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Outgoing Hawkins Pre-K director proud of her program's results

Jeff Bobo • Jun 7, 2017 at 11:30 AM
 

 

MOUNT CARMEL — As Dr. Kim Cassidy wrapped up her 18-year career late last month as pre-K director in the Hawkins County School System, she didn't have to look far to find evidence that her time has been well spent.

Among those in attendance for Cassidy's going away party at Mount Carmel Elementary's pre-K classroom was newly graduated Church Hill Middle School eighth-grader Olivia Hill.

Hill was among the first pre-K students enrolled after the program expanded into Mount Carmel, and now she's a straight-A student.

"I learned a lot in this program when I was little," Hill told the Times-News. "I knew the ABCs backwards and we knew the presidents in order because we had a little song that we sang. It helped me in school. Having that early start helps a lot."

Cassidy's position was eliminated in the 2017-18 budget approved by the Board of Education last month. She has accepted an assistant professor position in the teaching program at Shawnee State University in Portsmouth, Ohio.

She told the Times-News that Hawkins County's pre-K program has been her life's work. It's hard to leave her family and friends, but she knows she's leaving the program in good shape and in good hands.

Cassidy wrote the grant that launched Hawkins County's early childhood program 18 years ago, which was originally the federally funded "Even Start." At that time, there was only one classroom with 20 students off campus in a vacant Rogersville Housing Authority townhouse.

When the Even Start program was phased out by the federal government, Hawkins County continued pre-K through the state.

Currently, the program has four on-campus classrooms, including one at Mount Carmel, one at Bulls Gap and two at Joseph Rogers.

The program currently serves 80 children ages 3-4, but the county has applied for additional state funding to expand the program to a fifth classroom at Carters Valley Elementary in 2017-18, which would increase enrollment to 100 if approved.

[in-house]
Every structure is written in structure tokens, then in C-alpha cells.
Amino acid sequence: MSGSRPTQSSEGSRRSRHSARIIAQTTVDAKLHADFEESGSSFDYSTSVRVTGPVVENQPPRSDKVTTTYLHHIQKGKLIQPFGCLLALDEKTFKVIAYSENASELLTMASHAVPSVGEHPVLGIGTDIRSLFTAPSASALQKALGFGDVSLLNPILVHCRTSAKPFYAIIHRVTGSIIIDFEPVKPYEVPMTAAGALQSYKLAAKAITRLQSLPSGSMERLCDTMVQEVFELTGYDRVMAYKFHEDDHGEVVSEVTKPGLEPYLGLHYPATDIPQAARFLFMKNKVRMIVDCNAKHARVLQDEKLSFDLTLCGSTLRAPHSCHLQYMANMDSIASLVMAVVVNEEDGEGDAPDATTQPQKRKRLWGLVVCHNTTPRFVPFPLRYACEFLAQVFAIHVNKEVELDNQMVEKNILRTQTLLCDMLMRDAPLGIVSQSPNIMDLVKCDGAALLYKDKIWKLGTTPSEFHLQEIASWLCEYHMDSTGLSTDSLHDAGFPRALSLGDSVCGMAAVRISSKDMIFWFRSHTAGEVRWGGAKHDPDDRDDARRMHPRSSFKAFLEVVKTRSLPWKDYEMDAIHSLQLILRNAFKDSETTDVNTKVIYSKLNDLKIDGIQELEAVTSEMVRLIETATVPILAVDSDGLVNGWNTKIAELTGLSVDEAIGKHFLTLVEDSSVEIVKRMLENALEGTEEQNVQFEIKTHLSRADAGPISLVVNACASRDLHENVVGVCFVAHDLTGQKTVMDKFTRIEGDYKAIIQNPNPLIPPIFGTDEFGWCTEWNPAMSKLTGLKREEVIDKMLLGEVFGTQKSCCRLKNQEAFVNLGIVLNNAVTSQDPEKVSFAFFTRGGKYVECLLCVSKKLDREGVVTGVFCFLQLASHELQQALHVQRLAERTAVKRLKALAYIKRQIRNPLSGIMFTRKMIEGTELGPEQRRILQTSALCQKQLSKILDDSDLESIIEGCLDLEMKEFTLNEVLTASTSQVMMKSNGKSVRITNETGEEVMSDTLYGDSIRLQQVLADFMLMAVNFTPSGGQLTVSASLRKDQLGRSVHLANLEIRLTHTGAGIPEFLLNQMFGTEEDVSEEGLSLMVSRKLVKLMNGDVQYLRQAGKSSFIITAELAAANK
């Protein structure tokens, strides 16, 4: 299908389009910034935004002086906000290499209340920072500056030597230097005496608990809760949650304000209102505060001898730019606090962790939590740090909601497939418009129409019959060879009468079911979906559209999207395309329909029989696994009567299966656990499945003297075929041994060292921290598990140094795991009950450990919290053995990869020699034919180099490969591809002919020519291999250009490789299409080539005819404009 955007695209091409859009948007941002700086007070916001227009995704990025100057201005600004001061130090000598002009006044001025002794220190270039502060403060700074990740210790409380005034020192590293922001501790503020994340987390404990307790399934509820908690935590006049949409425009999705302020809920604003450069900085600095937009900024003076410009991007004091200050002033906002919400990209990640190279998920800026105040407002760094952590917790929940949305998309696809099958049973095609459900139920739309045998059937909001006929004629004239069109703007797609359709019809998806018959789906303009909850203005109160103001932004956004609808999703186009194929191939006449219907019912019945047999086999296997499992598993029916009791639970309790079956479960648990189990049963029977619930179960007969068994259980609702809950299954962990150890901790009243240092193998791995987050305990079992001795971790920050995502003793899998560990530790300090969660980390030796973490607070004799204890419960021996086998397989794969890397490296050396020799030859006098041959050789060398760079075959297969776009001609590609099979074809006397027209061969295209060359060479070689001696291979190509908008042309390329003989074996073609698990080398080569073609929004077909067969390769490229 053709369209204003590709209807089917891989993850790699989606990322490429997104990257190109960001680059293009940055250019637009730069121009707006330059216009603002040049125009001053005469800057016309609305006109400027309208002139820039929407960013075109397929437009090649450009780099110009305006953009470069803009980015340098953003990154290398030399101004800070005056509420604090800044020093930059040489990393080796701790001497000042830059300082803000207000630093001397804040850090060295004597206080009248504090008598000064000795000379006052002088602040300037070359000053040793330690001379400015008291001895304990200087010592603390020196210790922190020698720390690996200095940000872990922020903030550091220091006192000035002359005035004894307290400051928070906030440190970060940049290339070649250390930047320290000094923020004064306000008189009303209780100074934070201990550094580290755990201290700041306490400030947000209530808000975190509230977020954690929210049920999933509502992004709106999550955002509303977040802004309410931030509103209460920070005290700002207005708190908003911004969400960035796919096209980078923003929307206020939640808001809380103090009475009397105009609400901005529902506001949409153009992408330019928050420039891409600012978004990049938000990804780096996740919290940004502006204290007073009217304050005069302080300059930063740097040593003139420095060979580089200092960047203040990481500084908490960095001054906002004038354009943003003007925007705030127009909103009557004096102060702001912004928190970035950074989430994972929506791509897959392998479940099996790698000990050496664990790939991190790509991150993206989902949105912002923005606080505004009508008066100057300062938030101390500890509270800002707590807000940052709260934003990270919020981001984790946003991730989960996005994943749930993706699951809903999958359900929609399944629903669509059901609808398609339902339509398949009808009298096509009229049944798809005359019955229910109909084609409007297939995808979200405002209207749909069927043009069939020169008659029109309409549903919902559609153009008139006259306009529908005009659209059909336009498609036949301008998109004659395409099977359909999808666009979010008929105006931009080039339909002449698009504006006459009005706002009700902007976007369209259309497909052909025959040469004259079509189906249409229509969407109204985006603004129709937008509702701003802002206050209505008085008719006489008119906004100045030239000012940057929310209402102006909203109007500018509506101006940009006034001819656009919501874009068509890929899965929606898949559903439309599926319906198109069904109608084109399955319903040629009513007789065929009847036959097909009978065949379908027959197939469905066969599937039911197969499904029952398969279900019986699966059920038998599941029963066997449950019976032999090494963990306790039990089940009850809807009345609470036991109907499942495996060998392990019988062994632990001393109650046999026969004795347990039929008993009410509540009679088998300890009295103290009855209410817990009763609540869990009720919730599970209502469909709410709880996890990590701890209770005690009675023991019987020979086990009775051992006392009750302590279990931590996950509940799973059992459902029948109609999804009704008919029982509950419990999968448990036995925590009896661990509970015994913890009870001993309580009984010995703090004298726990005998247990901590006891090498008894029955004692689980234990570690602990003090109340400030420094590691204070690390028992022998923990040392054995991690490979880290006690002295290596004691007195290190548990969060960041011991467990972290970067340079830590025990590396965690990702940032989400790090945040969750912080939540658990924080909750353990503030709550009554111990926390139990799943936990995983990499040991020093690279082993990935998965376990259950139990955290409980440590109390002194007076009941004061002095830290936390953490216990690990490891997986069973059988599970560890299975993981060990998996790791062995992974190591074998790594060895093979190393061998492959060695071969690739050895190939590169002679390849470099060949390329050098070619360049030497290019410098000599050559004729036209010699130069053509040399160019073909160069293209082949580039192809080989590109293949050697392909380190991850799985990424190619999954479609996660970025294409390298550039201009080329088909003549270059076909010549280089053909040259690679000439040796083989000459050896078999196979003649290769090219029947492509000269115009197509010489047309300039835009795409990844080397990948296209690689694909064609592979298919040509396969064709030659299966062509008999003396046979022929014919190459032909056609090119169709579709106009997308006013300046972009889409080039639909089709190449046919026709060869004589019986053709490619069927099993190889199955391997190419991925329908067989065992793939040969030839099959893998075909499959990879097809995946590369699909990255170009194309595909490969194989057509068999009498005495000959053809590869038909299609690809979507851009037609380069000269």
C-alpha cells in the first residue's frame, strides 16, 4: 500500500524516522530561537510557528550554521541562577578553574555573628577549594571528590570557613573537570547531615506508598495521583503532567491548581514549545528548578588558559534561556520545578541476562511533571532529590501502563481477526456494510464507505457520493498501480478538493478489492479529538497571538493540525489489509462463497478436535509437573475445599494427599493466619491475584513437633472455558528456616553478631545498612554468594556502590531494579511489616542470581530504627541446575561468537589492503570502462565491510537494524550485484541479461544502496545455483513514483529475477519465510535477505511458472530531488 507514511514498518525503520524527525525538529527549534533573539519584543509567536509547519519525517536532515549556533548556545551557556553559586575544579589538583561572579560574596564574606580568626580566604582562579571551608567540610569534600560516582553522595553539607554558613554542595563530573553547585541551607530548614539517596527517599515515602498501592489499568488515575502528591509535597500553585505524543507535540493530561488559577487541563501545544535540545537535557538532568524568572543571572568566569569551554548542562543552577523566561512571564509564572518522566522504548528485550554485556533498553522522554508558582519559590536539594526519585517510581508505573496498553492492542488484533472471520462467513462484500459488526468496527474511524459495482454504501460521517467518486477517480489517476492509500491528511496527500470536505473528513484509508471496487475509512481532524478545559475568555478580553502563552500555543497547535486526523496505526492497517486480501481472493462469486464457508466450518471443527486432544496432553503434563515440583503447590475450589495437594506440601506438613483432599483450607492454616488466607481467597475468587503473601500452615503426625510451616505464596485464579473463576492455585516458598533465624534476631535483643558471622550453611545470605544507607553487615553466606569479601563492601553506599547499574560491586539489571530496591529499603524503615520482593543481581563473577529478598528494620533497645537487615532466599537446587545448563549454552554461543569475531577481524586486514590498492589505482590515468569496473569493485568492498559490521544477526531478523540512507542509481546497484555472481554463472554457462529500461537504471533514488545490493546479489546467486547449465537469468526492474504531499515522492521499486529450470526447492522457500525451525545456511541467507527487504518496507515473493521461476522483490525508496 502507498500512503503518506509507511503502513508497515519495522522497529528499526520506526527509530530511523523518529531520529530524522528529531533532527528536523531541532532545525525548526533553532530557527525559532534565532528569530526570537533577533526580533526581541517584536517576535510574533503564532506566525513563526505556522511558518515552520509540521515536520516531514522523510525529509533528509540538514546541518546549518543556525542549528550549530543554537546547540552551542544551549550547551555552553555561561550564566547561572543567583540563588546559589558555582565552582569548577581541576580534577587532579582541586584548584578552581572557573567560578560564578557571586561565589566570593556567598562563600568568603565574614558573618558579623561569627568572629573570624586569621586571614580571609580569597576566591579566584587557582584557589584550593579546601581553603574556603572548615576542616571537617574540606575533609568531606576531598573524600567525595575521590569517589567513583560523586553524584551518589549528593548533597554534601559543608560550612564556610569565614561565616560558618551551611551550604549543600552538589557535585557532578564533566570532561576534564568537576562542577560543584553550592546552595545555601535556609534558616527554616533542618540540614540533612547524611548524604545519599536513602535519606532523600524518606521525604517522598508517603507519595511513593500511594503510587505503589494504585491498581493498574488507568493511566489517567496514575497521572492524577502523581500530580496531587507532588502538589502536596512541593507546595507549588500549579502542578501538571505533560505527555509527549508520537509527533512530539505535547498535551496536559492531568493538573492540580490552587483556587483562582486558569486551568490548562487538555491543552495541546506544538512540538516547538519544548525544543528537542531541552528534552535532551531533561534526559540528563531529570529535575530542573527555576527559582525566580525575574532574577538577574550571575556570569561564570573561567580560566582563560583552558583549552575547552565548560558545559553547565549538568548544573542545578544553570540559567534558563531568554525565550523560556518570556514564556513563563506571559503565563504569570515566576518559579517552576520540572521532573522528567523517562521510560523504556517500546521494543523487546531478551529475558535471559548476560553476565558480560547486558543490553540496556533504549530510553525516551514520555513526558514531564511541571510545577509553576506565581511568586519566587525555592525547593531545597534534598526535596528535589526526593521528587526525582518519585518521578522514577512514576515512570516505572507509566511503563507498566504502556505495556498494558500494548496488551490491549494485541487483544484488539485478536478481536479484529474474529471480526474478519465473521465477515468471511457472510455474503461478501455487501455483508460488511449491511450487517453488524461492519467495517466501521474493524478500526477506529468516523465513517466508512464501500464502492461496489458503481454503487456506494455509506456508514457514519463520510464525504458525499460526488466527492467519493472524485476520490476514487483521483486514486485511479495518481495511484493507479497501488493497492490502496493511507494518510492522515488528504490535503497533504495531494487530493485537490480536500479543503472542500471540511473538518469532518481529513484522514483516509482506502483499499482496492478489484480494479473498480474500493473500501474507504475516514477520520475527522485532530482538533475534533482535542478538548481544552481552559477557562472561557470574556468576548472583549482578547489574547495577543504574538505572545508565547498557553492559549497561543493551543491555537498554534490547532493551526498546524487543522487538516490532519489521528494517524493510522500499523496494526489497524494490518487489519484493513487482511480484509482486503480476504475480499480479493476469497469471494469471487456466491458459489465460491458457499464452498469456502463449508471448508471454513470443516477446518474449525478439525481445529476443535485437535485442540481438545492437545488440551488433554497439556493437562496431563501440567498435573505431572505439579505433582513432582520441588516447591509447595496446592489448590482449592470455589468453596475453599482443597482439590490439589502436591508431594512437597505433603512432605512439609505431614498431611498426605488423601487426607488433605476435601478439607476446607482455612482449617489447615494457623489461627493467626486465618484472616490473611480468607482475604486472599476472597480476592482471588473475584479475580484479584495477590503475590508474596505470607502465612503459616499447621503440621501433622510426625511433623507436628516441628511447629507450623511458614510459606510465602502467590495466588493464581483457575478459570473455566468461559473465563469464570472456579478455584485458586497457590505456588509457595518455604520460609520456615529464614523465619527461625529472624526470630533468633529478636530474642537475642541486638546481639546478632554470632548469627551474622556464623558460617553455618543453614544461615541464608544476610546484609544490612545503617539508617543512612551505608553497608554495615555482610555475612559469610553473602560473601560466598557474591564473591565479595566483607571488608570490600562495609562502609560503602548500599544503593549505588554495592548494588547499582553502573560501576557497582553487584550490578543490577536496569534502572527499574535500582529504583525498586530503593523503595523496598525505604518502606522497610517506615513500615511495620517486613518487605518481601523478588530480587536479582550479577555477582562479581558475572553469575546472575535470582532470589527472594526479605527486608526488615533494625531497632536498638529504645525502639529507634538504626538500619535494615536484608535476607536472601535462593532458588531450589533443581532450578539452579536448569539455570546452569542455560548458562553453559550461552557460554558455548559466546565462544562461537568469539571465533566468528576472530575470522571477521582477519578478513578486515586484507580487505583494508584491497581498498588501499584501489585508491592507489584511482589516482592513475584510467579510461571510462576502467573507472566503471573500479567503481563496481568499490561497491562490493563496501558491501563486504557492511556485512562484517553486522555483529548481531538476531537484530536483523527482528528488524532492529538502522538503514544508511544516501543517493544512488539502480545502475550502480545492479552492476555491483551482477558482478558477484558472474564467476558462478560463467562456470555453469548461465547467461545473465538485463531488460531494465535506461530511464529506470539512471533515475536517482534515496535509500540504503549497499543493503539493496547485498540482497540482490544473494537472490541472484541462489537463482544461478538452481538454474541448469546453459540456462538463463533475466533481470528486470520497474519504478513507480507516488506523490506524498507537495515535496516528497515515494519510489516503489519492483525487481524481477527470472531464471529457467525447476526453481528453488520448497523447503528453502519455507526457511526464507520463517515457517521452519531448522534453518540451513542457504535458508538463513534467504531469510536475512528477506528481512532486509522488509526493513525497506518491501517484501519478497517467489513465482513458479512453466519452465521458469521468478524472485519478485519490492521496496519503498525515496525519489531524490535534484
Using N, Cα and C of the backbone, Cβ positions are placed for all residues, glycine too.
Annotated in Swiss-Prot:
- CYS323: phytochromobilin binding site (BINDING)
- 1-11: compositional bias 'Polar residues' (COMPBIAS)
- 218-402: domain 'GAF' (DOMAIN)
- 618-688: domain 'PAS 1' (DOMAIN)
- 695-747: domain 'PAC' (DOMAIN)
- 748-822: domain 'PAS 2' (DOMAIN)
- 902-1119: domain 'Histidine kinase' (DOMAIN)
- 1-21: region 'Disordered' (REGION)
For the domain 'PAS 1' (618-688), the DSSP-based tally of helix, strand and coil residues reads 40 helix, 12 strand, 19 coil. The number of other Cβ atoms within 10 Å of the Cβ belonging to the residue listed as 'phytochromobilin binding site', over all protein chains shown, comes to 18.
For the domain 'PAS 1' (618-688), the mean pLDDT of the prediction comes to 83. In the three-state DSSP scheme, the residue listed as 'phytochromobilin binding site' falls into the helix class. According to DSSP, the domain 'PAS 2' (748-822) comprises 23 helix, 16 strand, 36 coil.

But Cassidy wont be here to see that potential expansion. With her departure the program will now be shepherded by elementary supervisor Richard Hutson.

There's some comfort for her, however, knowing that the savings created by the elimination of her position will benefit future pre-K children because it will allow the purchase of teaching technology for the program.

"I think everything that we've done here over the years has really helped me to develop into the educator I am today," Cassidy said. "I know that Hawkins County will go forward with me in Ohio, and I will be able to share that with future teachers. It's going to be exciting and a little scary, definitely challenging and I'm looking forward to it."

Cassidy said she believes the importance of pre-K education is backed up by the results.

"The major benefits of pre-K, they learn how to socialize properly," she said. "They learn the routine of school. They learn to be independent. They learn their foundational skills for their education. They don't have to leave here knowing everything. They don't have to leave here knowing all the letters and all the numbers. We give them the opportunity to learn how to learn, and that's what's important about pre-K.

Mount Carmel pre-K teacher Tonia Armstrong surprised Cassidy late last month with a going away party in her classroom.

"I've worked with Kim 13 years, and I've learned a lot from her," Armstrong said. "I've been teaching for almost 17 years, and I couldn't ask for a better director. Her heart is totally in the early childhood program, and I hate to see her go. There's going to be big shoes to fill. I just want her to know how much I appreciate her and love her, and my kids love her. She's going to be missed."                                                    

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